University students miss out on gaining vital cultural skills in pandemic

Tala Jarjour

The coronavirus pandemic has not yet left the headlines, but it is no longer all doom and gloom. Infection numbers are falling, steadily in some countries, and restrictions on life and work have been reduced or lifted altogether in many parts of the world. The travel sector is gearing up for a busy season and holidaymakers have resurfaced across regional borders, for now on school spring vacations. Politicians, particularly those eying upcoming elections, seem to be rehearsing grand announcements about the COVID-19 story coming to a happy end of some sort. We are all to believe that life continues, if still inconvenienced by the virus and its variants.

As the latest winter wave, caused primarily by the omicron variant, peaks or makes its inevitable downward turn, springtime brings promising sunshine to the Northern Hemisphere. Coronavirus travel protocols are constantly reviewed, in many cases becoming simpler and more straightforward. This is all welcome news to students, especially those in the Middle East or traveling between the region and traditionally desirable destinations.

Summer beckons, inviting new plans for holiday travels and family reunions. These are good signs for people with longings they have been unable to fulfill in a while. For college students studying abroad, the reassuring prospect of going home is more real this year than it has been for, in the case of most, much of their time at university.

Universities and their students have had some public attention over the past two years, especially early on in the pandemic, when disruption to academic life and work was most severe. As colleges and universities around the world found and implemented new protocols to mitigate the effects of the pandemic on their primary clients — the students — caution ruled the day. In many locales, universities were the first institutions to require vaccinations, then they were among the first to expect and in some cases offer booster shots to students wishing to return to campus after holidays. That was the case even in the US, where vaccine and mask mandates have triggered constitutional debates. Some universities established closure provisions, protocols by which teaching moved entirely or partly online, seemingly at the press of a button.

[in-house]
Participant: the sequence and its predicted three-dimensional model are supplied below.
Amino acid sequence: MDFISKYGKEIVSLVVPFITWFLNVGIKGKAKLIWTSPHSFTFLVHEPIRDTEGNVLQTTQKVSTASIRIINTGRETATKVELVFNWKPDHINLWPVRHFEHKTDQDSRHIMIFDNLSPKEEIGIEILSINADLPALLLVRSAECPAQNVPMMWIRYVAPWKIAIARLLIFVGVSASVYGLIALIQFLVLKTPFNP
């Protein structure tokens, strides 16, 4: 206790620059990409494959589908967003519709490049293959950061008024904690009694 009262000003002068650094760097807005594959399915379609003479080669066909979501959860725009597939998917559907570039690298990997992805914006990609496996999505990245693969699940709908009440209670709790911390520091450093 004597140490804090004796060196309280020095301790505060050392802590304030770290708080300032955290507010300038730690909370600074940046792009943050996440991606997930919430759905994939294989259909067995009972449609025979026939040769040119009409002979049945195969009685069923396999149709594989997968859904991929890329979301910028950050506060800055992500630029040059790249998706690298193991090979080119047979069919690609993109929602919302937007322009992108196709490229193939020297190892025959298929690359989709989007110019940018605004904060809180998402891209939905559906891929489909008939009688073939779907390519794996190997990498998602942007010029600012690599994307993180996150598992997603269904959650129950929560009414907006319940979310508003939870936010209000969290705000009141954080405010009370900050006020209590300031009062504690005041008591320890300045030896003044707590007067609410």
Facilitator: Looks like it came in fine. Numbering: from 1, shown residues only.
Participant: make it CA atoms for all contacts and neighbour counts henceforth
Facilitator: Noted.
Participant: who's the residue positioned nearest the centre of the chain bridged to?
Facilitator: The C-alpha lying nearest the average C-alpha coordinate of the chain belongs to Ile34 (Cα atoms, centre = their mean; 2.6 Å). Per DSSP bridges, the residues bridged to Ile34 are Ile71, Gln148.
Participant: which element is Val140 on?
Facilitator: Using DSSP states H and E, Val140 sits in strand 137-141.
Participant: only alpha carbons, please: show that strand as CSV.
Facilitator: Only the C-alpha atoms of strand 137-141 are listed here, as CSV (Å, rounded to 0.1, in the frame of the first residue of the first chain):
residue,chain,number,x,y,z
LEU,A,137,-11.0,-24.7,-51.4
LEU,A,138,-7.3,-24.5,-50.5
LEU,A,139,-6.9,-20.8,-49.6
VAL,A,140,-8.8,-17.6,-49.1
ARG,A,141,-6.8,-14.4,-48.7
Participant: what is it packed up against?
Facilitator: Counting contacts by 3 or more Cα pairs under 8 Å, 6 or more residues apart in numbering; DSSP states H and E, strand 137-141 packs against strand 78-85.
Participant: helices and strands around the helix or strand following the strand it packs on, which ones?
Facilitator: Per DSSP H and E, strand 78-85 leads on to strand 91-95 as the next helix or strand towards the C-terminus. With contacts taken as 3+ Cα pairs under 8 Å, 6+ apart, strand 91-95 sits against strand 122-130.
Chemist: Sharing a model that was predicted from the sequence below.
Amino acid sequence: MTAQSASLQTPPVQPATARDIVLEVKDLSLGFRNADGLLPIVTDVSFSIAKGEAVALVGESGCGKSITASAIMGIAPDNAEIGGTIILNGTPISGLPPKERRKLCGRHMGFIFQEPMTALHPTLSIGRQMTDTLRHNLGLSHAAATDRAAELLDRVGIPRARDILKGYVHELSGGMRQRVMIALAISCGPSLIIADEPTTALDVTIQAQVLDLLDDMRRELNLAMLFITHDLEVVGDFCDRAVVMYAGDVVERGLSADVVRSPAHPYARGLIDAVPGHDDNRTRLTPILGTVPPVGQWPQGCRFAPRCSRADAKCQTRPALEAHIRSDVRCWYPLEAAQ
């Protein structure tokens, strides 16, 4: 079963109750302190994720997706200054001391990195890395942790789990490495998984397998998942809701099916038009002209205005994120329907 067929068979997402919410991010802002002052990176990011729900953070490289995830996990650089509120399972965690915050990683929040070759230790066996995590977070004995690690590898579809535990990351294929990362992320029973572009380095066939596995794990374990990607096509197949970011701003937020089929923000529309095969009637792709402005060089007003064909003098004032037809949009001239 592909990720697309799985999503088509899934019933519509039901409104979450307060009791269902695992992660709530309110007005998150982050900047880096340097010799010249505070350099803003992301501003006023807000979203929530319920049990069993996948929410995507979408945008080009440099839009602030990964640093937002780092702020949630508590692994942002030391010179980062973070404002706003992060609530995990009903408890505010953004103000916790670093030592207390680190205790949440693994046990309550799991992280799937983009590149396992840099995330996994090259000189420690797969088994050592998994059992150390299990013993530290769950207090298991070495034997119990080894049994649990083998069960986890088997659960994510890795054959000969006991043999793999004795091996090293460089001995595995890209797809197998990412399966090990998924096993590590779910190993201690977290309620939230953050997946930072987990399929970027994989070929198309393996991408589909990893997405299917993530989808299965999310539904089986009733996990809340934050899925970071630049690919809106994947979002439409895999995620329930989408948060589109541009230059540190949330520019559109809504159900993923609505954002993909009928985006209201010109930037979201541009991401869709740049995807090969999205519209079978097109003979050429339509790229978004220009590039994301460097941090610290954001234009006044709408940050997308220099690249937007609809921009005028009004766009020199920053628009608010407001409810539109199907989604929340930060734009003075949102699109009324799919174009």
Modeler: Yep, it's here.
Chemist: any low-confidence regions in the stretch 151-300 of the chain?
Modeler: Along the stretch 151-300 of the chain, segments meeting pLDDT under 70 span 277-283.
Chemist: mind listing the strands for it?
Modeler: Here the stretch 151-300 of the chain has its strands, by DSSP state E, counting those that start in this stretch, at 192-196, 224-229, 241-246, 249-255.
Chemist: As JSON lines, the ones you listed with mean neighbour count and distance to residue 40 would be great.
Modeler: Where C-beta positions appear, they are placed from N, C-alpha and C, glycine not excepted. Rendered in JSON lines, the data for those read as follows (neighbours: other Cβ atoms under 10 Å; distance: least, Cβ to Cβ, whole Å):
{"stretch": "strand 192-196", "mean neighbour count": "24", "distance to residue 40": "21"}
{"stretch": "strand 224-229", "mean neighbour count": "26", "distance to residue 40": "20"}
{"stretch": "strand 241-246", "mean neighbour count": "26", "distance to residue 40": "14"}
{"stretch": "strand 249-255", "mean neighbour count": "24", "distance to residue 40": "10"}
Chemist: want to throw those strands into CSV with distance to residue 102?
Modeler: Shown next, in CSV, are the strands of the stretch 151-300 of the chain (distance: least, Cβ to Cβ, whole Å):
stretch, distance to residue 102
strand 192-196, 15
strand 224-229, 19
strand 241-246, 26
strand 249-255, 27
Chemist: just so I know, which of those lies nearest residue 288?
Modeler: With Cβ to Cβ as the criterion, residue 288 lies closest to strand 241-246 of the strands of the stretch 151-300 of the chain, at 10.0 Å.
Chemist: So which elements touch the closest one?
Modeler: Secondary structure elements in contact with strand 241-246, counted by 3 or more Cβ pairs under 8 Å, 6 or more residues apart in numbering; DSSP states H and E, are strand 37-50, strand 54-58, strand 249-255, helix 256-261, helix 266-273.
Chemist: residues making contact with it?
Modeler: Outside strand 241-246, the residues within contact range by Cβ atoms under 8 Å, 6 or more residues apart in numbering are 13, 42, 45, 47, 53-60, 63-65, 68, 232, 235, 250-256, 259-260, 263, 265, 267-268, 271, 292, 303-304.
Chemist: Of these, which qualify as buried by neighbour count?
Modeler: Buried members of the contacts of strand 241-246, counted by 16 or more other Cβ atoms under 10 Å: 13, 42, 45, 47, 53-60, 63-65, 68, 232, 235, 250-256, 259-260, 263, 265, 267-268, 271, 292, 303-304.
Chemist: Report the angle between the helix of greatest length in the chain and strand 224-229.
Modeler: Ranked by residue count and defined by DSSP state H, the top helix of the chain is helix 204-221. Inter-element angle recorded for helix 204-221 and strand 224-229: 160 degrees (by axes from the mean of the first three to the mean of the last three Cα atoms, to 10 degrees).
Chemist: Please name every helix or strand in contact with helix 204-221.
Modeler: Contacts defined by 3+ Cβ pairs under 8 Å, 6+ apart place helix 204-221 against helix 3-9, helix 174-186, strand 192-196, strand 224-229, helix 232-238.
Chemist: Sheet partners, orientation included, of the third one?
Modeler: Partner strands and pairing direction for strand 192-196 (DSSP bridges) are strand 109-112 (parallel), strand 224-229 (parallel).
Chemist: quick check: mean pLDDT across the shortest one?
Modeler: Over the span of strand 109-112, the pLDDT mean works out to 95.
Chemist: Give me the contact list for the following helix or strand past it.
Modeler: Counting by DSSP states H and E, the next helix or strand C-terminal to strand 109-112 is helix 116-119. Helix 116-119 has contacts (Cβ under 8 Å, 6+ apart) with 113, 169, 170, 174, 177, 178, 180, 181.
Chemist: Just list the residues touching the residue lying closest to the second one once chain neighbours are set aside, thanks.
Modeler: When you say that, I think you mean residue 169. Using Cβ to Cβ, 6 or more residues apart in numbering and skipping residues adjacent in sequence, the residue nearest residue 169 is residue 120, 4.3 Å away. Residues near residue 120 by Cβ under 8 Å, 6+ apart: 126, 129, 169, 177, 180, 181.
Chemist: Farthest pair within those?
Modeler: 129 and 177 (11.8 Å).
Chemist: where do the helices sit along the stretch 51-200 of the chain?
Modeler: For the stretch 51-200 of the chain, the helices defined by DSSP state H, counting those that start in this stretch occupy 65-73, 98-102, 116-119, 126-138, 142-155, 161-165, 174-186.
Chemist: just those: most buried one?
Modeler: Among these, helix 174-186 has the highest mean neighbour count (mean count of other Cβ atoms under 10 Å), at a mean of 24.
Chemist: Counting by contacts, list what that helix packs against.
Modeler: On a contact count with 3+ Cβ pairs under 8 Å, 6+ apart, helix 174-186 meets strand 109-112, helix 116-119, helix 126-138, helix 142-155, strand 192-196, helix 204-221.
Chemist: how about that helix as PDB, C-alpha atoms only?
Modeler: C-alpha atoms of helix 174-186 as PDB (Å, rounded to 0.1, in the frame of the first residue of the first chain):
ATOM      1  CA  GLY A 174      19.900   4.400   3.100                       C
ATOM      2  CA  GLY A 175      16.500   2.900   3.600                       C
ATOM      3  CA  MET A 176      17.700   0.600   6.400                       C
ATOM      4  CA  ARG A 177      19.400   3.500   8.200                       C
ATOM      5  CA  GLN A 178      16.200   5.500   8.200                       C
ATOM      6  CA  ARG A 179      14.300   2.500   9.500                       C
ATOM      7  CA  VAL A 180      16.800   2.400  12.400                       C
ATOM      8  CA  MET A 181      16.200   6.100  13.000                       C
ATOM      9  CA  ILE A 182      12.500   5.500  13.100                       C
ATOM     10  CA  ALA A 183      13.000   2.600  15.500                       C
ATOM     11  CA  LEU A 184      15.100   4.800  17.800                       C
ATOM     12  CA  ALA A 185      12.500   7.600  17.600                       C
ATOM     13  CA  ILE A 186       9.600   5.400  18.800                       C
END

Safety arrangements have helped to minimize infection risks and protected the health and education of students around the globe. But by the time omicron came about, the coronavirus pandemic was no longer the main concern health professionals in the higher education sector were flagging up. It was isolation.

Isolation for university students has been a worrying reality on many levels. Here I have space to consider one: Personal cultural development.

Going to college is a stressful time in the life of any young person, but it is also a unique time in terms of the types of interaction and social exposure on offer during these important years. College is also a time when friendships and personal relationships are formed, and to many graduates those opportunities are never repeated, whether they move on to professional lives that involve social interaction or not. College friendships, especially in the digital age, are seen as the most rewarding, often lifelong friendships by graduates of all generations. The coronavirus college generation has been less likely to get these life-enhancing experiences.

To most university students, the loss of potential friendships has been compounded by social and intellectual isolation. Students who have spent months receiving education via computer screens feel that they have been robbed of the essence of what going to college is all about. In college, interacting with professors, rubbing elbows with like-minded peers and engaging in discussions and debates with classmates from diverse backgrounds are crucial elements of the learning process. Engaging and living with multiple kinds of conversation partners is, in fact, the most important part of the learning process. This is particularly the case at excellent universities, where personal growth is enhanced by the richness of the intellectual environment.

The loss of potential friendships has been compounded by social and intellectual isolation.

People who have been fortunate enough to go to university, and to a university where they have met peers and professors from parts of the world about which they knew very little, can identify with the uniqueness of these learning opportunities, many of which happened outside the classroom.

We are living in a world in which cultural literacy is becoming increasingly valued by all sectors of business and government. In order for future graduates to be equipped with this vital skill, closer attention could be paid to the intercultural overtones of their safe academic environments.

The writer is the author of ‘Sense and Sadness: Syriac Chant in Aleppo’